According to the latest annual list of world’s billionaires, published by Forbes magazine, India has 55 billionaires, with a total net worth of $189.1 billion. India has experienced a profound shift of income distribution from the poor and the middle class to the rich in the past 30 years, yet fiscal adjustments are dominated by sharp cuts in public services and reductions in corporate tax rates. Why should the social sector pay the price if the government intends to boost the wealth of billionaires?
IN 1997, Finance Minister P. Chidambaram presented a dream Budget, but this year he presented a nightmare Budget, one that will neither promote growth nor alleviate poverty. He simply presented a statement of estimated receipts and payments. He seems to be suffering from a bankruptcy of ideas.
The salaried sections were expecting some relief in income tax through a substantial increase in the exemption limit. Not raising it is equivalent to reducing it when one takes into consideration how the cost of living has risen in one year. Not restoring the standard deduction is an injustice to the salaried class when businessmen are permitted to deduct business expenses from their taxable income. To mobilise resources and to avoid selling out public sector undertakings, the Finance Minister should have announced an amnesty scheme to induce those with unaccounted money abroad to bring it back into the country. This Budget was only the juggling of numbers.
S. Raghunatha Prabhu
THE Finance Minister’s juggling with numbers to show a lower fiscal deficit is nothing but an attempt to deceive the public. The meagre increases or rather status quo in the Budget allotments for education, skills development, agriculture and food subsidies are definitely going to hit the people hard. His decision to increase the amount of baggage gold allowed is not going to help the current account deficit.
The grim economic situation called for tough and unambiguous measures. The attitude of the Minister towards women, Dalits and other marginalised sections is condescending. A change in attitude as well as policies is needed.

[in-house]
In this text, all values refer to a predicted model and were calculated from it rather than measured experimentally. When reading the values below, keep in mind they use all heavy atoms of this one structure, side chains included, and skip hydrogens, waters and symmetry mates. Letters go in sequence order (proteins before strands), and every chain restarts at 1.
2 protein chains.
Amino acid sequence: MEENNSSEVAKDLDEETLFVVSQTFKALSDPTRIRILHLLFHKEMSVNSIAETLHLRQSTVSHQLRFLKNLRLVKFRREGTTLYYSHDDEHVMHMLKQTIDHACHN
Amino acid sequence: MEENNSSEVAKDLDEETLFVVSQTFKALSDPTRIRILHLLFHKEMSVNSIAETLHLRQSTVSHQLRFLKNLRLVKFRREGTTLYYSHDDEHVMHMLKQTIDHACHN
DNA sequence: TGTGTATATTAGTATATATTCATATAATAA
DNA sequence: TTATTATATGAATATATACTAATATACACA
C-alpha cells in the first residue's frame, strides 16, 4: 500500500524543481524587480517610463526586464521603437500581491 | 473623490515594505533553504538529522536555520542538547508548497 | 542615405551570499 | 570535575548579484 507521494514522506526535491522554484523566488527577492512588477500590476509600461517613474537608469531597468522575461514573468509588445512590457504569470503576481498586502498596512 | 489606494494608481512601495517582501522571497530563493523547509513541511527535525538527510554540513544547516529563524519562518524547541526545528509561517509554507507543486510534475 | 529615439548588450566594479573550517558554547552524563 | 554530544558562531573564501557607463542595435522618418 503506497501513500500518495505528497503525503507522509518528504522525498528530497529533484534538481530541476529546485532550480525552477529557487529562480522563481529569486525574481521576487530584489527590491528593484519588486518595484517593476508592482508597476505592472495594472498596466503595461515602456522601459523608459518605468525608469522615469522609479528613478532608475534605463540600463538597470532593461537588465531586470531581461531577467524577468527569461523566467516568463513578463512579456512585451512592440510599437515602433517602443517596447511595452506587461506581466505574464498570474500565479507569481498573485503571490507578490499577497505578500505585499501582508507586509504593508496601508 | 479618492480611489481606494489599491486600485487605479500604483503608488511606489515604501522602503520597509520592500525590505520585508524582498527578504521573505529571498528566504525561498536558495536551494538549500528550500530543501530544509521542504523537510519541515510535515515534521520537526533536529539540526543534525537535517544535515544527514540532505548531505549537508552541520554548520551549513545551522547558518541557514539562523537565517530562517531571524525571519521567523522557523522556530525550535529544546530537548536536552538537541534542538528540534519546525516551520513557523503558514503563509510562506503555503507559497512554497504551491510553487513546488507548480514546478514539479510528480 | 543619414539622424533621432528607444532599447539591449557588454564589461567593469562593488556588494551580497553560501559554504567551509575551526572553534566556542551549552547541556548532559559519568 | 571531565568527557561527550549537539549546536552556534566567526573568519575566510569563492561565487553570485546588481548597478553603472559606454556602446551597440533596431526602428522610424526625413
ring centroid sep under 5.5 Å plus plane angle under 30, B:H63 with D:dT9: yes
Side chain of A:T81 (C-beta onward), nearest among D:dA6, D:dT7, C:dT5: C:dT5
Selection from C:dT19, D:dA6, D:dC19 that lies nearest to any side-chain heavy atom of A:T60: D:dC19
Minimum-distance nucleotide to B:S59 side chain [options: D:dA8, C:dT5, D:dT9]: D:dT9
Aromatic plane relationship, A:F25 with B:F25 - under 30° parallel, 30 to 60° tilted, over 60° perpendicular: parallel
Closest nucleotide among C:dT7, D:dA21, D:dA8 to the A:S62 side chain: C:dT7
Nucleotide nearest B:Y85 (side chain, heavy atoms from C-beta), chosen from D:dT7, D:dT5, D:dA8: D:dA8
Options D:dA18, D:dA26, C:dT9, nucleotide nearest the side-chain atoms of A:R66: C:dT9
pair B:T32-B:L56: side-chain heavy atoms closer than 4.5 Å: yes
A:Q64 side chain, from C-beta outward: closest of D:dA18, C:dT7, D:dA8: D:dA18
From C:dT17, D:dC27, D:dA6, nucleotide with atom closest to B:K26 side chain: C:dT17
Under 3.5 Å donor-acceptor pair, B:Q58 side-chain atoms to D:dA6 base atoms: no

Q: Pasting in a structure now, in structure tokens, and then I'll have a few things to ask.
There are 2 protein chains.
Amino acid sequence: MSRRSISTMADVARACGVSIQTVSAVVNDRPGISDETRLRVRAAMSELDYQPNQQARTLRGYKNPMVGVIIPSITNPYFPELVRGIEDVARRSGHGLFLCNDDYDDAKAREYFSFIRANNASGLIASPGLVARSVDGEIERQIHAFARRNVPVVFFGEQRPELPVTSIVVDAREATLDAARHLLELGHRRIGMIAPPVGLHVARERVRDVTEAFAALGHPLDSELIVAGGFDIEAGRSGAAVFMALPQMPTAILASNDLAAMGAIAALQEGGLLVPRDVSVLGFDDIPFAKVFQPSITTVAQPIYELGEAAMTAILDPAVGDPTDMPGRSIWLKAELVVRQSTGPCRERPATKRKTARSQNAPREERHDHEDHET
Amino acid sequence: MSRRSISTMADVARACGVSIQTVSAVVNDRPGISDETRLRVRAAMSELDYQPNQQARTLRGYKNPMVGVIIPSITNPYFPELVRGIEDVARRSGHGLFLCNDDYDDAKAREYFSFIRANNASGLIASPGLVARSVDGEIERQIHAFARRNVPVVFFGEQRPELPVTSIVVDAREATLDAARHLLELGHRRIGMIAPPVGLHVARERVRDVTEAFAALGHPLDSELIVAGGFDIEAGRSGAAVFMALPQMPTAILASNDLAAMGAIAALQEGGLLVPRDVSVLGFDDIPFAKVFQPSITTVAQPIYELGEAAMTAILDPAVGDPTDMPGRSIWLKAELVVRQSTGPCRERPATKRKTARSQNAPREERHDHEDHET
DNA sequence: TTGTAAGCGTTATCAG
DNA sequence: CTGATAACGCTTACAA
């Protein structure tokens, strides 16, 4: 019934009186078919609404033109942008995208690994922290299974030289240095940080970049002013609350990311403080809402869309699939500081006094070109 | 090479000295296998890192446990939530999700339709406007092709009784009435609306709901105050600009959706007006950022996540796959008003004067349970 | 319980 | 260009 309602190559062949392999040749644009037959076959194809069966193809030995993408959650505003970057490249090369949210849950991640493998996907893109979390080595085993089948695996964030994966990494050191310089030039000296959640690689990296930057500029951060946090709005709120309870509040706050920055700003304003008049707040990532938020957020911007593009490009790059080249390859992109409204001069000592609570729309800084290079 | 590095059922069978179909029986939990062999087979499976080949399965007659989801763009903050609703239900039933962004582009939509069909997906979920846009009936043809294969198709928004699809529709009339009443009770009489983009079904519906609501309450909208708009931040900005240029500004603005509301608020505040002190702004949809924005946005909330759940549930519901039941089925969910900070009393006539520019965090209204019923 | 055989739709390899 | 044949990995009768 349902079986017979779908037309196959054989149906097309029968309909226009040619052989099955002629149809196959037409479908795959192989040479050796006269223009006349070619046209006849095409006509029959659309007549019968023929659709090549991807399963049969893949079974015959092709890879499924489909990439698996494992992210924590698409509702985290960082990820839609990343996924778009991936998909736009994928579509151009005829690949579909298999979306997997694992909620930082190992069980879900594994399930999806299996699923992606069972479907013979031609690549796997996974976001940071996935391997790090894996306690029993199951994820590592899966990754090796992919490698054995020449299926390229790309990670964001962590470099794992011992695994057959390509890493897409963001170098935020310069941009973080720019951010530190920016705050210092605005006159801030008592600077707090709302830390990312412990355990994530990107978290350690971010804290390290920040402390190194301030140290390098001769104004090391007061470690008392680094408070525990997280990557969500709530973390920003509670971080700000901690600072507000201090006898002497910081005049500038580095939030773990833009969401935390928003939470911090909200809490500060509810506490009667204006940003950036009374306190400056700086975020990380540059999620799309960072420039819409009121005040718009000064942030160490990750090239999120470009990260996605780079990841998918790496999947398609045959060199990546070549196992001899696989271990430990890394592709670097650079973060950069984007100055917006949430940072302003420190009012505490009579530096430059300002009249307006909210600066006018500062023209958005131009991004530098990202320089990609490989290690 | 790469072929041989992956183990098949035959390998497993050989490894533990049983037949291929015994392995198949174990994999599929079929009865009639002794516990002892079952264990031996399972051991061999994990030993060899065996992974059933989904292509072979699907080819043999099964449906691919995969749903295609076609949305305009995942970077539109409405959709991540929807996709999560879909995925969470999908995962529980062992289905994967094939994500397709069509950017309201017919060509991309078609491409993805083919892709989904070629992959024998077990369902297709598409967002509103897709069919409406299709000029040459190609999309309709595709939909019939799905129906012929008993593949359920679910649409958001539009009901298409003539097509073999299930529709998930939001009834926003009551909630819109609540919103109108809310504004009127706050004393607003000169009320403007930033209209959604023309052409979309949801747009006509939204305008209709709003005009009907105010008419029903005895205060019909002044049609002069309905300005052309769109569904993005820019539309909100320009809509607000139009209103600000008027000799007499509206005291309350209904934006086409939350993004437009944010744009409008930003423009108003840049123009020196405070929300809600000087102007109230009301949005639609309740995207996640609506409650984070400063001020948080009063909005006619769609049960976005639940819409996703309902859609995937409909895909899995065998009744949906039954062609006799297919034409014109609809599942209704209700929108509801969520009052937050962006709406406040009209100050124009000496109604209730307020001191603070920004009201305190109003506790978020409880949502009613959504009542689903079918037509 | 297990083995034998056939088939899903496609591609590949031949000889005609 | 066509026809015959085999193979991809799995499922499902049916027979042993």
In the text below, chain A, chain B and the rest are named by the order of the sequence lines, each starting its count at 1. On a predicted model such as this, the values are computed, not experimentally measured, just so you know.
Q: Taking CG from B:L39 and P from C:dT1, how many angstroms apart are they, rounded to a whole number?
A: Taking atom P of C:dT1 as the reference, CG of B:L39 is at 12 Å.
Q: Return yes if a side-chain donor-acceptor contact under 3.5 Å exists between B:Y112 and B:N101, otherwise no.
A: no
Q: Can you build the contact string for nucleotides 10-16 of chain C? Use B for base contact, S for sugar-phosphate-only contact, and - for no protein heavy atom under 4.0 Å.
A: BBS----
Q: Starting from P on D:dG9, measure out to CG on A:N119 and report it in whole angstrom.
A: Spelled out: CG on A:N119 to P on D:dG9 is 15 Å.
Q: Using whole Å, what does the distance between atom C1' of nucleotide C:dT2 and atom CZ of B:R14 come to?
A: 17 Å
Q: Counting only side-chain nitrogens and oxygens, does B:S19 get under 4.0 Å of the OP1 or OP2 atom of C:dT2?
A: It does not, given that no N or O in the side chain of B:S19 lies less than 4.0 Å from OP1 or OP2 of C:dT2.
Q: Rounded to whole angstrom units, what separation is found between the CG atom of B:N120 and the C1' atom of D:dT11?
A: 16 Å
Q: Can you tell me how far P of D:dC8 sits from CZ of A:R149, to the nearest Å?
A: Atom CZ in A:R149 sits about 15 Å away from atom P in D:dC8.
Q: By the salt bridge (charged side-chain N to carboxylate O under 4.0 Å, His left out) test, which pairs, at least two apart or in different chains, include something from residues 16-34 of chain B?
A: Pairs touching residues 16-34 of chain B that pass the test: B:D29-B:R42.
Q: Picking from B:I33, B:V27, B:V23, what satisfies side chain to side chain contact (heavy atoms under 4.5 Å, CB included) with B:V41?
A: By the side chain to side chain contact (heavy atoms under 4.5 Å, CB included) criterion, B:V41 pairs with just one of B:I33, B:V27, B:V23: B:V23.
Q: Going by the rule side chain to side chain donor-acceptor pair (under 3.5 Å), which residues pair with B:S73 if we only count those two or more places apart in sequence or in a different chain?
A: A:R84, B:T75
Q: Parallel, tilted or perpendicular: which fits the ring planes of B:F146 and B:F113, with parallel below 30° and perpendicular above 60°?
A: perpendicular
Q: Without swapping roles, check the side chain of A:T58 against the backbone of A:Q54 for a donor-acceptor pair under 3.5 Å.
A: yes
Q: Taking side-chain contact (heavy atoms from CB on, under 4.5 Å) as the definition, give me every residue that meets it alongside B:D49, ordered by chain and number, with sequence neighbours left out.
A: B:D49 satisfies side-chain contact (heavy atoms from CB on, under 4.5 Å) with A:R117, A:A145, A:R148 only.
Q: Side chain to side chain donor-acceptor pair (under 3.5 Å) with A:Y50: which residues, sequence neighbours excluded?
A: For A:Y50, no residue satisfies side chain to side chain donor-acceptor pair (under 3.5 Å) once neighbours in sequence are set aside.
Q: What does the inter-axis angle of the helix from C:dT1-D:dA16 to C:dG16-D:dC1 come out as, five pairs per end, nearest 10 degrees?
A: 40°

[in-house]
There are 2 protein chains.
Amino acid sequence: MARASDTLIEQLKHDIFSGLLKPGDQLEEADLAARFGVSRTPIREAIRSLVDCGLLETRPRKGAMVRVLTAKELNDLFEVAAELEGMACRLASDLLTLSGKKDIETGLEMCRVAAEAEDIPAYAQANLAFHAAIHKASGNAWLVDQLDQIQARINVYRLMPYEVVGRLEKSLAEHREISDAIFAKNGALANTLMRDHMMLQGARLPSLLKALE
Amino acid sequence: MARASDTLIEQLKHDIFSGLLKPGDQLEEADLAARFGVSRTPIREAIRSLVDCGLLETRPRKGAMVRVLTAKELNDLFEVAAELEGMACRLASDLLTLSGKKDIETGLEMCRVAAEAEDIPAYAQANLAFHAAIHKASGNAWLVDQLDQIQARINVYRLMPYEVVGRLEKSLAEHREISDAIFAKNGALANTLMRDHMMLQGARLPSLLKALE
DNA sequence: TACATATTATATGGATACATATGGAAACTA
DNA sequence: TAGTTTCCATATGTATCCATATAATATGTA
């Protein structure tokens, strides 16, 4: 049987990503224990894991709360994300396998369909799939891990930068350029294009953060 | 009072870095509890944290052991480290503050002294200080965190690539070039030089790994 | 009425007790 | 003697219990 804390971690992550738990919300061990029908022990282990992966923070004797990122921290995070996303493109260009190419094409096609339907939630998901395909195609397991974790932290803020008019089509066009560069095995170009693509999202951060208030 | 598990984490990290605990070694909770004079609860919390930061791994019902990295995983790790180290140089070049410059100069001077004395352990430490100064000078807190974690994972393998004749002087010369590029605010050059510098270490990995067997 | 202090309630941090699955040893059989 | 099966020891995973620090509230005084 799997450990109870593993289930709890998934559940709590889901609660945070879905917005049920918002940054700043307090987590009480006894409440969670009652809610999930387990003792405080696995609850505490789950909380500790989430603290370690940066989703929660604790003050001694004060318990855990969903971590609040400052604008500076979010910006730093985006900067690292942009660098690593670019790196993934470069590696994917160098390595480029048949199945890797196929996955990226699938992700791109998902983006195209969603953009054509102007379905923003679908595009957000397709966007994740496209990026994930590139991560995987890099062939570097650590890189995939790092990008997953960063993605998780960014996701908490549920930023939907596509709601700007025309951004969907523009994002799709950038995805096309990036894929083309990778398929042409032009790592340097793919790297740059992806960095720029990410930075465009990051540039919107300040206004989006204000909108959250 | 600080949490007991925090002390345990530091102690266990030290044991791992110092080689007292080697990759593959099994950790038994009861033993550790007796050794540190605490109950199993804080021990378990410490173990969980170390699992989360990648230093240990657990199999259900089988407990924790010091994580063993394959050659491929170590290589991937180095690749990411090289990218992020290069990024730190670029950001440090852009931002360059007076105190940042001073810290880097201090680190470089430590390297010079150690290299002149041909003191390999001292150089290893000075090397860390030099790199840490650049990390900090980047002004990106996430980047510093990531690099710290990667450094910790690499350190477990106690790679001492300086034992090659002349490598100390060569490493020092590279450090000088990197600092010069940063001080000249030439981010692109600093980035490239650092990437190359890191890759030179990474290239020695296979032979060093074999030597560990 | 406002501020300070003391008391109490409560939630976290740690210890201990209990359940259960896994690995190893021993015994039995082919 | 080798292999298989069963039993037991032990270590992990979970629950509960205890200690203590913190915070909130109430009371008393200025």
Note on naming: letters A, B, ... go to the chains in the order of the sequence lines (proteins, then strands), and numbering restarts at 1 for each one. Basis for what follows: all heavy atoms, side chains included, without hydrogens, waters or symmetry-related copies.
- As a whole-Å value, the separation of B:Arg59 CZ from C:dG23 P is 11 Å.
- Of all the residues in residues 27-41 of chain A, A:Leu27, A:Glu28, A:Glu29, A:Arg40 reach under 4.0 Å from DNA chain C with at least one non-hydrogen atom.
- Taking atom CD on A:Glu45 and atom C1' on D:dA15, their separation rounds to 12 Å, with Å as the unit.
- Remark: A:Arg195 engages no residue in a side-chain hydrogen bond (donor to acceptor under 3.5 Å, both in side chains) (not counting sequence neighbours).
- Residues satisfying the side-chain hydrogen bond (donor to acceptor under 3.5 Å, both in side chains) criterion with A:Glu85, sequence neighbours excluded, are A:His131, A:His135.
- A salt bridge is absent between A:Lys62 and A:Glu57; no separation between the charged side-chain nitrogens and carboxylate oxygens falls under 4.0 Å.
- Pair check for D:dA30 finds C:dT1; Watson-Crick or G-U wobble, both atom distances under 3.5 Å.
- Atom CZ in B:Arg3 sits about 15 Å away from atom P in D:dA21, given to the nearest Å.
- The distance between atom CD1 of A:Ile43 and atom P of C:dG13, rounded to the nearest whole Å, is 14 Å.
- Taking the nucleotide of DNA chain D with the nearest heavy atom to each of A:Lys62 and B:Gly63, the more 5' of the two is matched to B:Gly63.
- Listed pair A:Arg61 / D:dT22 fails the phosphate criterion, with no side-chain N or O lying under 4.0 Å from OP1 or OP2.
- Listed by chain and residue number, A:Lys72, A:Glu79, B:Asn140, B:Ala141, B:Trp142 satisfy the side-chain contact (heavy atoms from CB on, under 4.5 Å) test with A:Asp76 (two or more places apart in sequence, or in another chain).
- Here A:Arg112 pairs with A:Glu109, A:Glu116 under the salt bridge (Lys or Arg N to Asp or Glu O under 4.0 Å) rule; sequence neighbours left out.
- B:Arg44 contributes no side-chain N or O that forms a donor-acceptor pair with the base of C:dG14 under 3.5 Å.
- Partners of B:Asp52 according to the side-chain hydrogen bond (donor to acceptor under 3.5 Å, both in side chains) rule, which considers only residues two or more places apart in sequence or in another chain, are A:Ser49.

THE Budget was neither populist, as was expected, nor pragmatic. Although the Finance Minister has allocated funds for women’s banks, scholarships for the Scheduled Castes, the Scheduled Tribes and the minorities, he could have done something more for the salaried class.
The proposal to set up a “Nirbhaya Fund” to ensure the safety of women, extending the Rashtriya Swasthya Bima Yojana to include rickshaw pullers, autorickshaw drivers, taxi drivers, sanitation workers, ragpickers and mine workers is a step in the right direction. The amounts allocated for the handloom and textile sectors will encourage weavers and textile manufacturers.
Chidambaram has tried to present a balanced budget, and one hopes that India sees some growth in 2013-14.
THE Finance Minister proposed quite a few measures that will hopefully improve the state of the economy. For example, he announced an investment allowance to boost the manufacturing sector. He also announced some steps that will help the common man, for example, the proposal to set up a Nirbhaya Fund, the suggestion that a national skill development corporation be set up to train the youth, increasing the number of groups that can avail themselves of the Rashtriya Swasthya Bima Yojana scheme, and the proposal to open India’s first women’s bank. In view of the huge fiscal deficit, his move to rationalise government expenditure will help augment growth. The economic situation is worrisome. The United Progressive Alliance (UPA)-II government has just about a year to prove its merit, and it should without any further delay swing into action to control the fiscal deficit.
IN 1991 when there was an economic crisis, India resorted to a reversal of the economic policy followed until then (“No respite from the crisis”, March 22). Now does it need another reversal?
THE impending Lok Sabha elections had its impact on the Union Budget, which did not do anything to deal with basic issues such as price rise and unemployment. The issues haunting the lives of the “aam aadmi” are of no concern to the Finance Minister. The frequent increases in the prices of petroleum products and the reduction in energy and fertilizer subsidies have in turn led to the rise in prices of essential commodities.
It is in this context that the two-day strike in February by workers and employees of the organised sector should be evaluated. Nearly all trade unions, including the Indian National Trade Union Congress (INTUC), affiliated to the Congress, participated. The demands raised included those of unorganised sector workers.
The Union government is doing everything for corporates but is reluctant to do something for the poor.
The demands of the trade unions are entirely justified. Instead of addressing these pressing issues, the government is making grand moves towards privatisation of important sectors such as banking and insurance and pushing for foreign direct investment in retail sector. Under these circumstances, the united action of the major trade unions deserves to be welcomed. It was heartening to see that even the Congress-affiliated INTUC joined hands with the Left in the fight for the welfare of the working classes.